In his encyclical letter on the environment, called Laudato Si’, Pope Francis writes: “the notion of the common good also extends to future generations. The global economic crises have made painfully obvious the detrimental effects of disregarding our common destiny, which cannot exclude those who come after us. We can no longer speak of sustainable development apart from intergenerational solidarity” (LS #159).
Across the world, young people are raising their voices to make it clear that caring for our common home is a major concern for them. Given scientific reports and planetary trends, they're being frank about their anxieties for the future: what will the world look like in the coming decades? Will it be hospitable enough for them to build thriving lives? Is it responsible for them to bring children into this world?
Research into the growing rates of “ecological grief” make it clear that the destruction of the web of life is having a profound impact on young people’s mental health and overall happiness.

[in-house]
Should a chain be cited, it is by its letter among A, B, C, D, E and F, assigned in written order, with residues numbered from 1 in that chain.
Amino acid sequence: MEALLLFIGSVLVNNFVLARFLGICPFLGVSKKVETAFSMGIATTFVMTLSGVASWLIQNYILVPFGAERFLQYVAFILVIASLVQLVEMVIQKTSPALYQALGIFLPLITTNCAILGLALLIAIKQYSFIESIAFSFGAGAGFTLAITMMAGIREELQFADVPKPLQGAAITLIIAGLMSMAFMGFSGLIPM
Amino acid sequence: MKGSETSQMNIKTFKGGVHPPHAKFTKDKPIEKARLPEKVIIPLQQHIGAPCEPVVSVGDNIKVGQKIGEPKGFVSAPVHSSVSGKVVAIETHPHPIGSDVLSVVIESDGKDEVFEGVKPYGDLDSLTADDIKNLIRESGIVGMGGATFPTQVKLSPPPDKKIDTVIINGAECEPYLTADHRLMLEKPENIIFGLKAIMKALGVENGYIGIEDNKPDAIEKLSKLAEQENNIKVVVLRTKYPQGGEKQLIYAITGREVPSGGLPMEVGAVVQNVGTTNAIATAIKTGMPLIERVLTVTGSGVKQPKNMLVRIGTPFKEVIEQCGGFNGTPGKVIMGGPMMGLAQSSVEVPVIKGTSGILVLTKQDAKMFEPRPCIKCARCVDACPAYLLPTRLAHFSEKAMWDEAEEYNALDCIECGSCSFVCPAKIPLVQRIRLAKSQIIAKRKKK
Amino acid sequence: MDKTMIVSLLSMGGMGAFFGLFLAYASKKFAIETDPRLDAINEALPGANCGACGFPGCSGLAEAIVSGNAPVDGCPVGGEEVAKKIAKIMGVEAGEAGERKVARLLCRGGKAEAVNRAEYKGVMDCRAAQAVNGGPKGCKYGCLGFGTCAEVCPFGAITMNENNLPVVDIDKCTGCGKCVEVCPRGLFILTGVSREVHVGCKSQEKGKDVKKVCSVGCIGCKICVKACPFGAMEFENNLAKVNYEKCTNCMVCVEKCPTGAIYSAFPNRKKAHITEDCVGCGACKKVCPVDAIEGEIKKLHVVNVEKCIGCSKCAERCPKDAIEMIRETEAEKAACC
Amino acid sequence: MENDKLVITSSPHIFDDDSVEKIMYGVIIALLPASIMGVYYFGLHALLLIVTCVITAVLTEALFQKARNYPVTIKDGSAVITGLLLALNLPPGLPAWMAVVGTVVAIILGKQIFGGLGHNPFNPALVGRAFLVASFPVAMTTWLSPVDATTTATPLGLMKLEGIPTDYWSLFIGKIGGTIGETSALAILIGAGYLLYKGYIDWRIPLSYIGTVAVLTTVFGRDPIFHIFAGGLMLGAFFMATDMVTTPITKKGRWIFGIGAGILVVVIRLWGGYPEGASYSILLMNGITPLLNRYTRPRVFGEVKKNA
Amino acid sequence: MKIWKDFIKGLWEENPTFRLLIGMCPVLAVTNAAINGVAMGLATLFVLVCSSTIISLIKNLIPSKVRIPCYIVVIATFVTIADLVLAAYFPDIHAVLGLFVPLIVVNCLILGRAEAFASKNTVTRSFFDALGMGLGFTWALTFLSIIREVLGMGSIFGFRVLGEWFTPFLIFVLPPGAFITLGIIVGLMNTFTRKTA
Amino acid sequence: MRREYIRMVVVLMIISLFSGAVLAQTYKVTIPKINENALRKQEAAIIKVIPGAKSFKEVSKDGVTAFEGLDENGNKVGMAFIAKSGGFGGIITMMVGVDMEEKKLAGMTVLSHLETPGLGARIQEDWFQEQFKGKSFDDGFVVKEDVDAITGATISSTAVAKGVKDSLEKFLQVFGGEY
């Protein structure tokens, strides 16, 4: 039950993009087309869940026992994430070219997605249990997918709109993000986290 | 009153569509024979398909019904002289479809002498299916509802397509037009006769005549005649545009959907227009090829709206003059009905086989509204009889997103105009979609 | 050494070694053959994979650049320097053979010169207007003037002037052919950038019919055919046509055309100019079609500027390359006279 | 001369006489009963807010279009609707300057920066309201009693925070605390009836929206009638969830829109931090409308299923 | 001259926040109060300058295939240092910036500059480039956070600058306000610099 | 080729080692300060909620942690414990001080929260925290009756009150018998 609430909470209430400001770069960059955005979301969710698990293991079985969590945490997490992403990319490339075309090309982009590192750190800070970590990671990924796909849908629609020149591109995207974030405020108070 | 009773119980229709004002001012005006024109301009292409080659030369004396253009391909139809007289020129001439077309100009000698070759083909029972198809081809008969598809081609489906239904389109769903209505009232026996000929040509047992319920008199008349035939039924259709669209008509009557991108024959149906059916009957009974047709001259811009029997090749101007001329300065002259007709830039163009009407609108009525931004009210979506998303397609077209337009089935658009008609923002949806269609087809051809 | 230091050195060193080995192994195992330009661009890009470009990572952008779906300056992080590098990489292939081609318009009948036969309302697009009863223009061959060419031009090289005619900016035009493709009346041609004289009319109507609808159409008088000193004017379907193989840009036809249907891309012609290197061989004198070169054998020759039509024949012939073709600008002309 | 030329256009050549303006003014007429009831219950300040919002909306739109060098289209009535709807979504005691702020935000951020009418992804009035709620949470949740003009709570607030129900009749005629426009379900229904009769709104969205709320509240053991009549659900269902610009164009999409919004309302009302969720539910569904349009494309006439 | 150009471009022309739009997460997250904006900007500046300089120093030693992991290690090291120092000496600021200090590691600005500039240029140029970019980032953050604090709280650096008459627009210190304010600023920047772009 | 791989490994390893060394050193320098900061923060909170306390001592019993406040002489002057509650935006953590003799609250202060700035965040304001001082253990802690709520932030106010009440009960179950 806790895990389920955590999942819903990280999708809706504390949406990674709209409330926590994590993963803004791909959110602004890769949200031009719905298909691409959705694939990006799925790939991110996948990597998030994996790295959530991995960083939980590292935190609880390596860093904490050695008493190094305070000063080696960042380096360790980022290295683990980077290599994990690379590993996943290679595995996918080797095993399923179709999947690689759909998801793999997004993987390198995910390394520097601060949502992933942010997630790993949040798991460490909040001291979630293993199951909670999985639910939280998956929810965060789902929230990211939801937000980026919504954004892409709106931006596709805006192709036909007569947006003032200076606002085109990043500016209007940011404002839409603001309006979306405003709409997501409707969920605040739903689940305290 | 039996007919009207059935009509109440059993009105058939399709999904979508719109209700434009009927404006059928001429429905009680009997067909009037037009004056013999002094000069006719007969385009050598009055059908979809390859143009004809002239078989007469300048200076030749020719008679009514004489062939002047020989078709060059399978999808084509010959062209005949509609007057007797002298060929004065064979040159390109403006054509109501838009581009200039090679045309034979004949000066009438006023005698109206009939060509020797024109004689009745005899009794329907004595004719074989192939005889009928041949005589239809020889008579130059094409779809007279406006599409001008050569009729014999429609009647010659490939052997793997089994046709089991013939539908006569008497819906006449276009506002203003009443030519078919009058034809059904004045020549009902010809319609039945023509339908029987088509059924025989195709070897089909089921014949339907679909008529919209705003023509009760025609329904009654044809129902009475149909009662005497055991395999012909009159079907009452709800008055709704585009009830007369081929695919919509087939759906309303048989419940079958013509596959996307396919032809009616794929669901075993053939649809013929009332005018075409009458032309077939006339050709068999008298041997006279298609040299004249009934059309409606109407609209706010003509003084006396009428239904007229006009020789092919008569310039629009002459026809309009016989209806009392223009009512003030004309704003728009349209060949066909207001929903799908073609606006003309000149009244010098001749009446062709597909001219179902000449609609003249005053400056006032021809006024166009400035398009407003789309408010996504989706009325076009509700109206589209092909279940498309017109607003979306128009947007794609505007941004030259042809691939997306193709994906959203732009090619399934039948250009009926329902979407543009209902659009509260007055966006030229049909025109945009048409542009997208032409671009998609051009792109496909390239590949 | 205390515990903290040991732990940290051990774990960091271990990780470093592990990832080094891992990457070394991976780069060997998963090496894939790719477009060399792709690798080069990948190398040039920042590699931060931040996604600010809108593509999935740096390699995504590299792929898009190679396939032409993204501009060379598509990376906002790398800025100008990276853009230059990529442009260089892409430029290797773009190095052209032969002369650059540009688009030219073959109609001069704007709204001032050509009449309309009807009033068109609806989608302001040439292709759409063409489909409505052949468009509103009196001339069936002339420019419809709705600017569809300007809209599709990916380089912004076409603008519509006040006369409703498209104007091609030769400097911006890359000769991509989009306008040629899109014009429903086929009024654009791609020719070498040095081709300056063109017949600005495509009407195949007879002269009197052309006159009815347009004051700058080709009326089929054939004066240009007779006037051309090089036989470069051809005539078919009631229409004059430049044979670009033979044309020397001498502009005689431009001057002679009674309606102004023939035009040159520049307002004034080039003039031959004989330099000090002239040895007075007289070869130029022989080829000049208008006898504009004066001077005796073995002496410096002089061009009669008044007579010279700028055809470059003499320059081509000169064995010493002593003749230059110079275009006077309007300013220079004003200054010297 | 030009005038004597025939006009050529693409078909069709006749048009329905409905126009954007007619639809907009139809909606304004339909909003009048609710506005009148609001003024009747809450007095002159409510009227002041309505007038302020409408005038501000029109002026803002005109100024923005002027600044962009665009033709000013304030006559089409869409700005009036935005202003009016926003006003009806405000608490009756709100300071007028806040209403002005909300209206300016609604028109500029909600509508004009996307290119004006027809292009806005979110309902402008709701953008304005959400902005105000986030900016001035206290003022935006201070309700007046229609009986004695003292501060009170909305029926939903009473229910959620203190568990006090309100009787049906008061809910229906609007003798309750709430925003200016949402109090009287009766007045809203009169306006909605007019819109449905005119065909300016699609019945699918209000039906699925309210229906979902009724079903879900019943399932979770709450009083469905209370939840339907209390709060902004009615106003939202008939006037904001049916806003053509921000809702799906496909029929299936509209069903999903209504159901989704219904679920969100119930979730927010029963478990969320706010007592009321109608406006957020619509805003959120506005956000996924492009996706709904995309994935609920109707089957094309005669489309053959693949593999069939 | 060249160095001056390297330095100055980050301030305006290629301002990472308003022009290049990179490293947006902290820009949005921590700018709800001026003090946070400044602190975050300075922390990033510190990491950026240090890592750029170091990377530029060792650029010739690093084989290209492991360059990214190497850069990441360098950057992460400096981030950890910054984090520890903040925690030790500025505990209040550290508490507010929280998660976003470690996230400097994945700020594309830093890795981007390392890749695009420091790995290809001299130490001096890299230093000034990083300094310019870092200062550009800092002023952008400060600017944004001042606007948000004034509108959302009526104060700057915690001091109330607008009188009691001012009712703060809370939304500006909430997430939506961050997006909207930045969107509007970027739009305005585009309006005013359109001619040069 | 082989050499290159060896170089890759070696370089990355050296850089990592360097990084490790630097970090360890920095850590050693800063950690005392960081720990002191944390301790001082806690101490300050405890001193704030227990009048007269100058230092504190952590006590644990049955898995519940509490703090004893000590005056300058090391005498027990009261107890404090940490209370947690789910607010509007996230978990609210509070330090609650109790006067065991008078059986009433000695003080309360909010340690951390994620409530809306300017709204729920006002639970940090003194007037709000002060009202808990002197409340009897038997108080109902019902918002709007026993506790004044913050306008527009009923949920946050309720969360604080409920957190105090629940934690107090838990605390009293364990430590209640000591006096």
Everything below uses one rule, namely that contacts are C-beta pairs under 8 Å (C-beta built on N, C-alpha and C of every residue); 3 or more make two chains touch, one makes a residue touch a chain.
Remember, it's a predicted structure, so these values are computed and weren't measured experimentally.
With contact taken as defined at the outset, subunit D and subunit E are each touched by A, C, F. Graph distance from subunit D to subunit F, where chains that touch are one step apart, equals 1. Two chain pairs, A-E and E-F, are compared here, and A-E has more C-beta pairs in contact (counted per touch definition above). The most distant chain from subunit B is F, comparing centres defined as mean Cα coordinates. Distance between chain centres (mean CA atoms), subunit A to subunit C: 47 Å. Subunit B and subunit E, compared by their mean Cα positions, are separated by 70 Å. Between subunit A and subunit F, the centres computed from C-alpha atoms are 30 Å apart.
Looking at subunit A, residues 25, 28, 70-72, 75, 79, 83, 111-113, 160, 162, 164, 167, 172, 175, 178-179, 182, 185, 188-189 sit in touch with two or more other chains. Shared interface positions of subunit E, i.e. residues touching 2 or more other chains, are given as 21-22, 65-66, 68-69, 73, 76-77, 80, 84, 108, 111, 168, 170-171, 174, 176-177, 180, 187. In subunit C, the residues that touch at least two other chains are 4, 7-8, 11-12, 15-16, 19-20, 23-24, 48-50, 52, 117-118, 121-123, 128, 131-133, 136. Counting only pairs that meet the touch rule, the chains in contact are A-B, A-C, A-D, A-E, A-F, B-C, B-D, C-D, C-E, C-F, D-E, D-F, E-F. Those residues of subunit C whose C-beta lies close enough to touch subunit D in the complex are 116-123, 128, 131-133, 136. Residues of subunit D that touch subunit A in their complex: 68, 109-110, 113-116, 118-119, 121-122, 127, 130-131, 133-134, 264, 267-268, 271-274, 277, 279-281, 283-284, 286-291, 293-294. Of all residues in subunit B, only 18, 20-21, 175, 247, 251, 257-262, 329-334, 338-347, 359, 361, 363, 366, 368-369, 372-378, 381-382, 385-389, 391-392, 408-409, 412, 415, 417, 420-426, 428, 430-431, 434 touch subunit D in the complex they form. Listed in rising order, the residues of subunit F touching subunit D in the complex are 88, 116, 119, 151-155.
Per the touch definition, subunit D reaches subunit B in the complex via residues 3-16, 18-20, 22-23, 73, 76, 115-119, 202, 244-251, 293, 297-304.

Older generations have a responsibility to steward the earth so that it can be passed down to those that come after them. They also have a responsibility to listen to the perspective and the experience of young people, keeping in mind St. Benedict’s maxim that “it is often to a young person that the Lord reveals what is best.” (Rule of St. Benedict III).
If we want to solve the world’s ecological crisis, we have to listen to young people. Decisions must be made with their input, because it will be their generations who will be responsible for facing the worst consequences of this crisis.
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